April 7, 2007

Easter Sunday sermon: Mark 16.1-8



Alleluia! Christ is risen! He is risen indeed! Alleluia!

Alleluia! Christ is risen! He is risen indeed! Alleluia!

Alleluia! Christ is risen! He is risen indeed! Alleluia!

Why are you here? Didn’t you watch the show on the Discovery Channel?

Scholars and media-types act as though questioning the resurrection of Jesus is edgy and ground-breaking (excuse the pun!). That could not be more wrong. To say that Jesus of Nazareth, the son of Mary, rose from the dead was just as controversial in the first century as it is in the twenty-first. For if there is one thing universal to human experience, it is this: dead people stay dead. The philosophers of the Enlightenment didn’t discover this. But since that time, theologians have proposed that we reject “antiquated” notions about a bodily resurrection and instead embrace “the Christ of faith,” which is hopelessly ambiguous. Such ideas have filtered down into many pulpits, to the point that the resurrection of Jesus is presented as a metaphor and an experience.

Yet the philosophers of the Enlightenment weren’t the first to discover that dead people stay dead. Modern scientists didn’t discover this. The director of the movie Titanic certainly didn’t discover this. Belief in the resurrection of Jesus has never made sense with anything else people experience. The resurrection is not an “antiquated” belief – it has always been controversial! For the resurrection of Jesus runs counter to everything we can see, touch, and feel. We want to believe in some kind of after-life, some kind of existence beyond death – but our own experiences and scientific studies cannot verify it. We know that we will go down to the grave, but we do not know anyone who has come up again. No one, except Jesus of Nazareth.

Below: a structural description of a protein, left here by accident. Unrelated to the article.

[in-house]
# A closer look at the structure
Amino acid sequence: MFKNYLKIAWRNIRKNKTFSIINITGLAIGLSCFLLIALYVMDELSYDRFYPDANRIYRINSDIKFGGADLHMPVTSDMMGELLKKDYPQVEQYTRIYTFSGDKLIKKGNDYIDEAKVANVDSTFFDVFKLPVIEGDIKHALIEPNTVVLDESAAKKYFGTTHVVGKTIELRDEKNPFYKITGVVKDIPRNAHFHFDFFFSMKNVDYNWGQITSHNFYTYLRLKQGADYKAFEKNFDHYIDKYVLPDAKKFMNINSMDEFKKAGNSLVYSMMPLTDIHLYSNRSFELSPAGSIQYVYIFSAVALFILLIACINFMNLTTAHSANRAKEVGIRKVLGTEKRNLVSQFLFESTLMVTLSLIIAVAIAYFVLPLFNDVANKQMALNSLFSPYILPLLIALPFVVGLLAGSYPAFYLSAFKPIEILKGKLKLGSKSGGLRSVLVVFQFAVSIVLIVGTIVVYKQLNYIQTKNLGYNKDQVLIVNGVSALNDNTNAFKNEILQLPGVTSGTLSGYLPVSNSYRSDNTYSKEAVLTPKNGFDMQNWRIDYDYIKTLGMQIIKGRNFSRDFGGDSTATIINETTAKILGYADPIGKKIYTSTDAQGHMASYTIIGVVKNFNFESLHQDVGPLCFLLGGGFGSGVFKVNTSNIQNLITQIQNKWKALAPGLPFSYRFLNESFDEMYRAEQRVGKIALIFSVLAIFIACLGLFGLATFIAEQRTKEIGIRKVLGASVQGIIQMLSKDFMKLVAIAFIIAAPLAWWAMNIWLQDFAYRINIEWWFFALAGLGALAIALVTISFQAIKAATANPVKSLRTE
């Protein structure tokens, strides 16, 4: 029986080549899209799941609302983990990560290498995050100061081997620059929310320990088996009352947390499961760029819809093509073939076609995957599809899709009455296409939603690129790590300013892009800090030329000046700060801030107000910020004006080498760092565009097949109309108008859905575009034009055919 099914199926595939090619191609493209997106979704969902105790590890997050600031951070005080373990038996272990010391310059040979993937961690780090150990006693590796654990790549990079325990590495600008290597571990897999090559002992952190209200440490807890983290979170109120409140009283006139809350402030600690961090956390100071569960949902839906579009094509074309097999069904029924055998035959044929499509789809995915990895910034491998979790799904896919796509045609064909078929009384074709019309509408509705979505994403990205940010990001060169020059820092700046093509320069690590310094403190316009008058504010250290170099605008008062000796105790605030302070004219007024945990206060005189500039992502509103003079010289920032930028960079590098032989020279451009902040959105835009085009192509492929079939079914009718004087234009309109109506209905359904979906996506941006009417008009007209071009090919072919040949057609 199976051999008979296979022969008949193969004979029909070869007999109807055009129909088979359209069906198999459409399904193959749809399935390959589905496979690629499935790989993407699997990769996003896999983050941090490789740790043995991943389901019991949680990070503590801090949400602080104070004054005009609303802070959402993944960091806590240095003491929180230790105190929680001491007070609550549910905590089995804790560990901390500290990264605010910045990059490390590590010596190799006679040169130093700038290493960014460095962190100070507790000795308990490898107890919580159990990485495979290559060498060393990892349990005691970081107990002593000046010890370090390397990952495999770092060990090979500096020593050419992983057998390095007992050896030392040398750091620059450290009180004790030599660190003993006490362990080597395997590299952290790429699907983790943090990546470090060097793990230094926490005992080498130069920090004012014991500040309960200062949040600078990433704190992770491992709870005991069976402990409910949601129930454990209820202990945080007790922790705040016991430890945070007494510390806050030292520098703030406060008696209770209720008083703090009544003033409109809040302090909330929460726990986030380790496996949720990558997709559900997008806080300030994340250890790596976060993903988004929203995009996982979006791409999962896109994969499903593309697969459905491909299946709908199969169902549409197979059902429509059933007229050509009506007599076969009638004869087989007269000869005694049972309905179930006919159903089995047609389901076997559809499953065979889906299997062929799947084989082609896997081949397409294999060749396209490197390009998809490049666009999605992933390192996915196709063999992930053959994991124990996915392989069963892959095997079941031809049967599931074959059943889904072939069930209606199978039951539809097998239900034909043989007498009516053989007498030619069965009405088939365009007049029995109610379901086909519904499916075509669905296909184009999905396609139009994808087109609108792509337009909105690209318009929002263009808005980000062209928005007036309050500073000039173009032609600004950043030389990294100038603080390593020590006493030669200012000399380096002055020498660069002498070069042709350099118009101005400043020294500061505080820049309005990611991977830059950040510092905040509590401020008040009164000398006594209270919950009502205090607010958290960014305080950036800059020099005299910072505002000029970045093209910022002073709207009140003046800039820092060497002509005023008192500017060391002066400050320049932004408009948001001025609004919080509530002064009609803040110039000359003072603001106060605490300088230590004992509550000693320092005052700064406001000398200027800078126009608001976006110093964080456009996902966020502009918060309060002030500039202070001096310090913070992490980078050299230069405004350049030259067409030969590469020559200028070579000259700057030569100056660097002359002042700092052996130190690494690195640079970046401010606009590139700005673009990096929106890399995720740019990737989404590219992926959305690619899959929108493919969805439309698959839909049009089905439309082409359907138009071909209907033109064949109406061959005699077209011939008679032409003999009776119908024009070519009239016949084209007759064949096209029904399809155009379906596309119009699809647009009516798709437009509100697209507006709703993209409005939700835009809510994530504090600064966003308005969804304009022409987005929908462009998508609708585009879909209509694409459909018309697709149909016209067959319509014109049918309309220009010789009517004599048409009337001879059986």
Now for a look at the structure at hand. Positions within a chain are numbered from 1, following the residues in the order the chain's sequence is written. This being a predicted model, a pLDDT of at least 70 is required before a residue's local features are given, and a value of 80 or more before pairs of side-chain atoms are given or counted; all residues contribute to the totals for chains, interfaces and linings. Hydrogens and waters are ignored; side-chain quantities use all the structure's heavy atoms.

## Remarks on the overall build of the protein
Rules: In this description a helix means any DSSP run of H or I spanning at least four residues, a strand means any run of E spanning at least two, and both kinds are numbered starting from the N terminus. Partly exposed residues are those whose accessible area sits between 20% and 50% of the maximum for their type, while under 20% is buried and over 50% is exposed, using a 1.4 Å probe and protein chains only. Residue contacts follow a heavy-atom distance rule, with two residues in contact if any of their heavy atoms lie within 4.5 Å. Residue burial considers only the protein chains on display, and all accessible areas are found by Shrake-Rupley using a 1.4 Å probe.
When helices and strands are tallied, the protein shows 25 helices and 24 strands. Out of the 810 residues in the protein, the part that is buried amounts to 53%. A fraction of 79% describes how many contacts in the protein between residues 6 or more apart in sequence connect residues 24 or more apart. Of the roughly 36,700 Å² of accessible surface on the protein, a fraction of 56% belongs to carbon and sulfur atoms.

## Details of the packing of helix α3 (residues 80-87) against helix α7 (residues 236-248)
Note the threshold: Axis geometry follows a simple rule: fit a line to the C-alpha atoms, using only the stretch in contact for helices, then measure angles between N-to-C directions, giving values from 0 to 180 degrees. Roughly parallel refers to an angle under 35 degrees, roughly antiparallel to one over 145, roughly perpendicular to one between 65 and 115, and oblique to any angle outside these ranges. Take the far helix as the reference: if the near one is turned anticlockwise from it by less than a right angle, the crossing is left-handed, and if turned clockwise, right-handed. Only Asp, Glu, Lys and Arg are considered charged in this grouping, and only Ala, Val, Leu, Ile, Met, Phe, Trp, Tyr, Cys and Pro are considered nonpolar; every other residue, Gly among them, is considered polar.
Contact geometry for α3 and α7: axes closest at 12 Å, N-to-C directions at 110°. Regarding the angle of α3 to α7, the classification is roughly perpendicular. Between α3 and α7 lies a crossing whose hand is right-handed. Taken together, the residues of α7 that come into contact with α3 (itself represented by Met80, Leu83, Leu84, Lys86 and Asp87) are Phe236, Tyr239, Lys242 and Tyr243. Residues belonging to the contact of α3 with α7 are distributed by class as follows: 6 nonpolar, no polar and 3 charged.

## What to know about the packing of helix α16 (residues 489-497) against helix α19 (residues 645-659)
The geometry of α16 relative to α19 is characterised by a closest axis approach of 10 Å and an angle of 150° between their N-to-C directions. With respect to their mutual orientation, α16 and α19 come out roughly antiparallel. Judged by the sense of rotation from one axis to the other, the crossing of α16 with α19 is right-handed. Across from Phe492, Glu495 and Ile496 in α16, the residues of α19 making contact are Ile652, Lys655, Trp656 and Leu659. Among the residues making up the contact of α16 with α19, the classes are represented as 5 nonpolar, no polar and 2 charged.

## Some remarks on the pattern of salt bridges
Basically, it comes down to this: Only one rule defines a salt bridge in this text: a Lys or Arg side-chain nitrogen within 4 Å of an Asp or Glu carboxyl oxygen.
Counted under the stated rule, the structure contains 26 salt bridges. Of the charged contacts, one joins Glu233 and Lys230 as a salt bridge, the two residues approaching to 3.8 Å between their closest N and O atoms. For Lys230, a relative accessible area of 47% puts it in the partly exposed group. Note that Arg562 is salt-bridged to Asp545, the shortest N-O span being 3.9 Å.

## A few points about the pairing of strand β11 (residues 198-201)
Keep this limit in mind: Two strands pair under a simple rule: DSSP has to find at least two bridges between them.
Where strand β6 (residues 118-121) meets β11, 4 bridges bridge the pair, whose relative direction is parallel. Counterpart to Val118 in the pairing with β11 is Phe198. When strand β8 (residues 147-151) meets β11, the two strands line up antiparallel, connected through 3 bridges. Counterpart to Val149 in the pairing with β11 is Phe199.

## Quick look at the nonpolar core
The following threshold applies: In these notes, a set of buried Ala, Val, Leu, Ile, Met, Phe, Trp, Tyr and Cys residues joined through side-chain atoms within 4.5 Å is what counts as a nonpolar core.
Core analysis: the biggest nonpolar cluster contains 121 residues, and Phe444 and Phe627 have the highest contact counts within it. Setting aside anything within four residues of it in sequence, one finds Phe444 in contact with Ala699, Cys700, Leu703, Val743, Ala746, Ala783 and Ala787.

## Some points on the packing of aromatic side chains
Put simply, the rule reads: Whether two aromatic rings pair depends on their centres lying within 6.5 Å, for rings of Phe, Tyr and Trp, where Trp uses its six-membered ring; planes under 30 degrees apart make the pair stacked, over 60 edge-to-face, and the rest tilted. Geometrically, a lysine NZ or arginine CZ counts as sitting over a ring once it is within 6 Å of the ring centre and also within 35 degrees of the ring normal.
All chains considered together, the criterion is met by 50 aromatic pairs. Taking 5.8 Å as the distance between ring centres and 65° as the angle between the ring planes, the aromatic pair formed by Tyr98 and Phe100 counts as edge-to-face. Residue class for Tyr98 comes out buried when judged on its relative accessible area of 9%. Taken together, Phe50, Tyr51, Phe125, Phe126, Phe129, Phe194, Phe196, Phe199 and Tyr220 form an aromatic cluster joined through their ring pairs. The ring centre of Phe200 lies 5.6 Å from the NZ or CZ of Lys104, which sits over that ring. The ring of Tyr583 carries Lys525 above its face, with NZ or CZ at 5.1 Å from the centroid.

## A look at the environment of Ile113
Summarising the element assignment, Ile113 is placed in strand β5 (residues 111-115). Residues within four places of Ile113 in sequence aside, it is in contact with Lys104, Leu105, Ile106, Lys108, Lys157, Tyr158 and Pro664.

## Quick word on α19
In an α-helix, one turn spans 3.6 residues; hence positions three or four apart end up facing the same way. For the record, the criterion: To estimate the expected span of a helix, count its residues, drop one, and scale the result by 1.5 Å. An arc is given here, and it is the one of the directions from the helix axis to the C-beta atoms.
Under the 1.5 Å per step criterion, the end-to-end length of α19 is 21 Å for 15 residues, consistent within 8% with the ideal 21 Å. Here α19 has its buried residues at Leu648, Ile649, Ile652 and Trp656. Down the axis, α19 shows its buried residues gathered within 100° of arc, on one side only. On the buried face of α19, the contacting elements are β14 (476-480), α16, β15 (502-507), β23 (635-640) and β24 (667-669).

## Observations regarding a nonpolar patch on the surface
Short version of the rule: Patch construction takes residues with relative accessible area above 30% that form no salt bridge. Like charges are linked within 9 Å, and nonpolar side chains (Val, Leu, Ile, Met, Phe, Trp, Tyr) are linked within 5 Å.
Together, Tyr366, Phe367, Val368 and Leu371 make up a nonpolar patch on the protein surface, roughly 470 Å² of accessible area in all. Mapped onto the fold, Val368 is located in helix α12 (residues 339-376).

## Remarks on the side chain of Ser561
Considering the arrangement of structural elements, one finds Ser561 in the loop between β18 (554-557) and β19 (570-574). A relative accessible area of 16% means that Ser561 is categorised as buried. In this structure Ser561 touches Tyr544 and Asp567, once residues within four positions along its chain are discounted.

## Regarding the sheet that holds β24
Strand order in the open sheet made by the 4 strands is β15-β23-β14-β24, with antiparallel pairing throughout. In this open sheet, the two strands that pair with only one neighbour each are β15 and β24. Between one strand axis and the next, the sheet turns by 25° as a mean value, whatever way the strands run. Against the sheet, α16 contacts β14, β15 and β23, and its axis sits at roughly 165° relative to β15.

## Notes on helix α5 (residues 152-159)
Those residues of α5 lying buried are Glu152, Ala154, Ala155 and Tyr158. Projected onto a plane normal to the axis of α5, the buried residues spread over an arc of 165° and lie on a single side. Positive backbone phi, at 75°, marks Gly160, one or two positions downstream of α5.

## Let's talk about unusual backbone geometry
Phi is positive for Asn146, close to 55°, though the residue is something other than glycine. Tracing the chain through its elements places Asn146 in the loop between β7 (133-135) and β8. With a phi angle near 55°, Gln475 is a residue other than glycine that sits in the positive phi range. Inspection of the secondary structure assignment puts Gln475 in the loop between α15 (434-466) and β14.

Not an idea, not a hope, not a vision – His resurrection was attested to by eyewitnesses: Mary Magdalene, Mary the mother of James, Salome, Peter, James, John, Matthew, Thomas; more than five hundred eyewitness saw our Lord Jesus Christ risen from the dead. He spoke with them, ate with them, was handled by them – and then at last He appeared to Paul. Many of these were martyred, put to death because of their testimony that Jesus of Nazareth, who was killed on a cross and buried in a tomb, is risen from the dead. Just a metaphor? No one dies for a metaphor!

The Holy Apostles and the other eyewitnesses to the resurrection of Jesus were not trying to make sense of their sorrow. They didn’t invent an idea for transforming society. They didn’t set out to become grief-counselors who help people recover from a loss. They proclaimed that Jesus of Nazareth’s death on the Cross was the ransom-price for the world’s sin, and that by Holy Baptism and Holy Communion, we are joined to Him and shall also experience resurrection, in our bodies.

That is the faith of the one, holy, Christian and apostolic Church, and if Christ is not risen, that faith is in vain.

· If Christ is not risen, our sin and guilt remain.

· If Christ is not risen, then death really is the end.

· If Christ is not risen, you have nothing for which to hope, nothing to look forward to except the gloom of your own tomb.

But perhaps we want it that way. The world is passing away, and its lusts – but we have fallen in love with our vices, become attached to our possessions, controlled by our addictions, obsessed with ourselves. We live as if we don’t want it all to end, as if we don’t really want Easter.